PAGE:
On Monday, Oct. 29, Hope College’s new ban on Carhartt beanies went into effect.
According to an email sent out to the student body, the decision to implement this new policy was made due to the fact that it was getting too difficult for professors to distinguish between their students.
“They all wear that same exact hat every single day,” said exasperated Professor Oliver Fleming of the English Department. “They’ve been doing that for years, but with masks covering half of their faces now, too, I have no idea who anyone is anymore.”
As masks are a necessary safety measure, the administration was left to focus on the role that the beanies play in this situation. Ultimately, they decided that it would be best to simply take them out of the equation.
Many students are in an uproar about the decision to ban one of the most popular accessories amongst the student body. The girls in particular have been angered by the new policy.
“It’s so stupid. I look nothing like the other girls in my classes. I mean, Sophia always wears that ugly orange one and I wouldn’t be caught dead in that color,” said freshman Kayleigh Smith.
Sophomore Jacob Walker is also not happy with the new policy. However, rather than being mad at the college, his annoyance is directed more toward the students who wore the beanies so frequently that it became an issue.
“Most of these basic people probably never even put one on until they came here and realized it’s part of the ‘Hope College uniform,’” Walker said. “I grew up on a farm. Carhartt was just what we wore, because that’s who the brand was made for in the first place. I don’t get how it became fashionable, but now I can’t even wear my hats.”
Others students are simply mad about the school trying to control what they can and cannot wear.
“It’s absurd. We’re not in high school anymore. The school shouldn’t have any say in my wardrobe,” said junior Catherine Jarboe. “Plus it’s so cold out and they choose now to take away our hats? It’s like they want us to freeze or something.”
This backlash from students seems to have been somewhat unexpected by the administration. Staff members have been quick to make it clear that they are not taking away students’ ability to keep warm in the colder months.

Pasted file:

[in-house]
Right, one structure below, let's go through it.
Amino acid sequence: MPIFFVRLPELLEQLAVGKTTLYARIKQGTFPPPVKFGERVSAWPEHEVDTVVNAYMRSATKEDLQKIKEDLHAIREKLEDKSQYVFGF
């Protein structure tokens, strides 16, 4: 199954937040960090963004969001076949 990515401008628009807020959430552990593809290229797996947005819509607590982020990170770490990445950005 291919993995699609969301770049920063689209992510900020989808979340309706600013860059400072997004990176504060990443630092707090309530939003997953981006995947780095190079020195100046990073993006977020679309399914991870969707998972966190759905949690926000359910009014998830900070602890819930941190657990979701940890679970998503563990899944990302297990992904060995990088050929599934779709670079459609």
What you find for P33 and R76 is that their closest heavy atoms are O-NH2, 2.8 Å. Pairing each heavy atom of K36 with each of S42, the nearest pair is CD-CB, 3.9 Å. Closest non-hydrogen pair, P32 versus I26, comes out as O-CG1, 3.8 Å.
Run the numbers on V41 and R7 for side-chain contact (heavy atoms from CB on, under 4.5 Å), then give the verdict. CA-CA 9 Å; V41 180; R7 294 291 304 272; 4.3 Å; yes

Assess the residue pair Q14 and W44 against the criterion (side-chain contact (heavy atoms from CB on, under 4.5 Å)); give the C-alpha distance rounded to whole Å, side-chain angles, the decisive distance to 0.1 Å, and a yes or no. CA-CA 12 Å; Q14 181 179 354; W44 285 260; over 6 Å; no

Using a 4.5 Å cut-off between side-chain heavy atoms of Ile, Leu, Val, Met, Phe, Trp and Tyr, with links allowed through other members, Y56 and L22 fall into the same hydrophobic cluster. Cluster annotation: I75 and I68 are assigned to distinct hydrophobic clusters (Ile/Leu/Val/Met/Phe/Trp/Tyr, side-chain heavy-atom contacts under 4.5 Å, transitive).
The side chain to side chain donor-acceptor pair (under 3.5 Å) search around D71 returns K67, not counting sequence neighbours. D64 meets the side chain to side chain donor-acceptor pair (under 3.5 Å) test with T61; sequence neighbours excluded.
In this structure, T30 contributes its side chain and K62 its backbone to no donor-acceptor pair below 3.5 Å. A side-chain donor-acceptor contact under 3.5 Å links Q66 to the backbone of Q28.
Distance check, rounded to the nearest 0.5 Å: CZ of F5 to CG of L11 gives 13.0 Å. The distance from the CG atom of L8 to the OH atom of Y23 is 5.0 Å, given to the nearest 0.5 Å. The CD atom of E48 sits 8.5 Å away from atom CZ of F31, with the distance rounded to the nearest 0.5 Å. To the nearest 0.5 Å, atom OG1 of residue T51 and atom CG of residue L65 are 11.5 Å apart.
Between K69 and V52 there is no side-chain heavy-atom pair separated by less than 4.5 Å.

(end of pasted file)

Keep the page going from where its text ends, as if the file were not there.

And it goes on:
“It’s not like we said they can’t wear beanies to keep warm at all,” said Sandra Wilson, who works in the dean’s office. “There are other brands out there, whether they’re aware of it or not.”
Still, students are stuck on the Carhartt brand. The fixation on this one brand name has led some students to start taping pieces of paper with the Carhartt logo drawn on them to the fronts of generic beanies.
For some students, like Smith, this is a desperate attempt to cling to the identity given to them by the beanie.
“I just feel so naked without it,” Smith said. “It’s, like, a part of my signature look, ya know? I just don’t feel like myself when I’m not wearing one of my Carhartts.”
For other students, the paper logo is their way of protesting the ban.
“If they want to take away our autonomy, fine. But there’s no rule against drawing the logo ourselves,” Jarboe said.
One student, senior Elliot Collins, has taken it a step further and figured out a way to profit off of the current situation. A studio art major, Collins has started making and selling patches with the Carhartt logo on them for students to attach to plain beanies. However, the knock-offs are so convincing that some professors have started confiscating hats with the patches, too.
Despite the push-back they have received, the administration is not backing down on this matter. In fact, Dean Frost has allegedly been seen hanging around the Pine Grove, snatching the beanies directly off of students’ heads as they walk by.
“The students’ obsession with them was just getting out of hand,” Fleming said. “It’s honestly for their own good. Maybe this will give them the opportunity to learn how to actually accessorize.”
The college is remaining firm in their decision to ban the beanies. However, as tensions around the issue continue to rise, all eyes will be on the administration to see how they respond.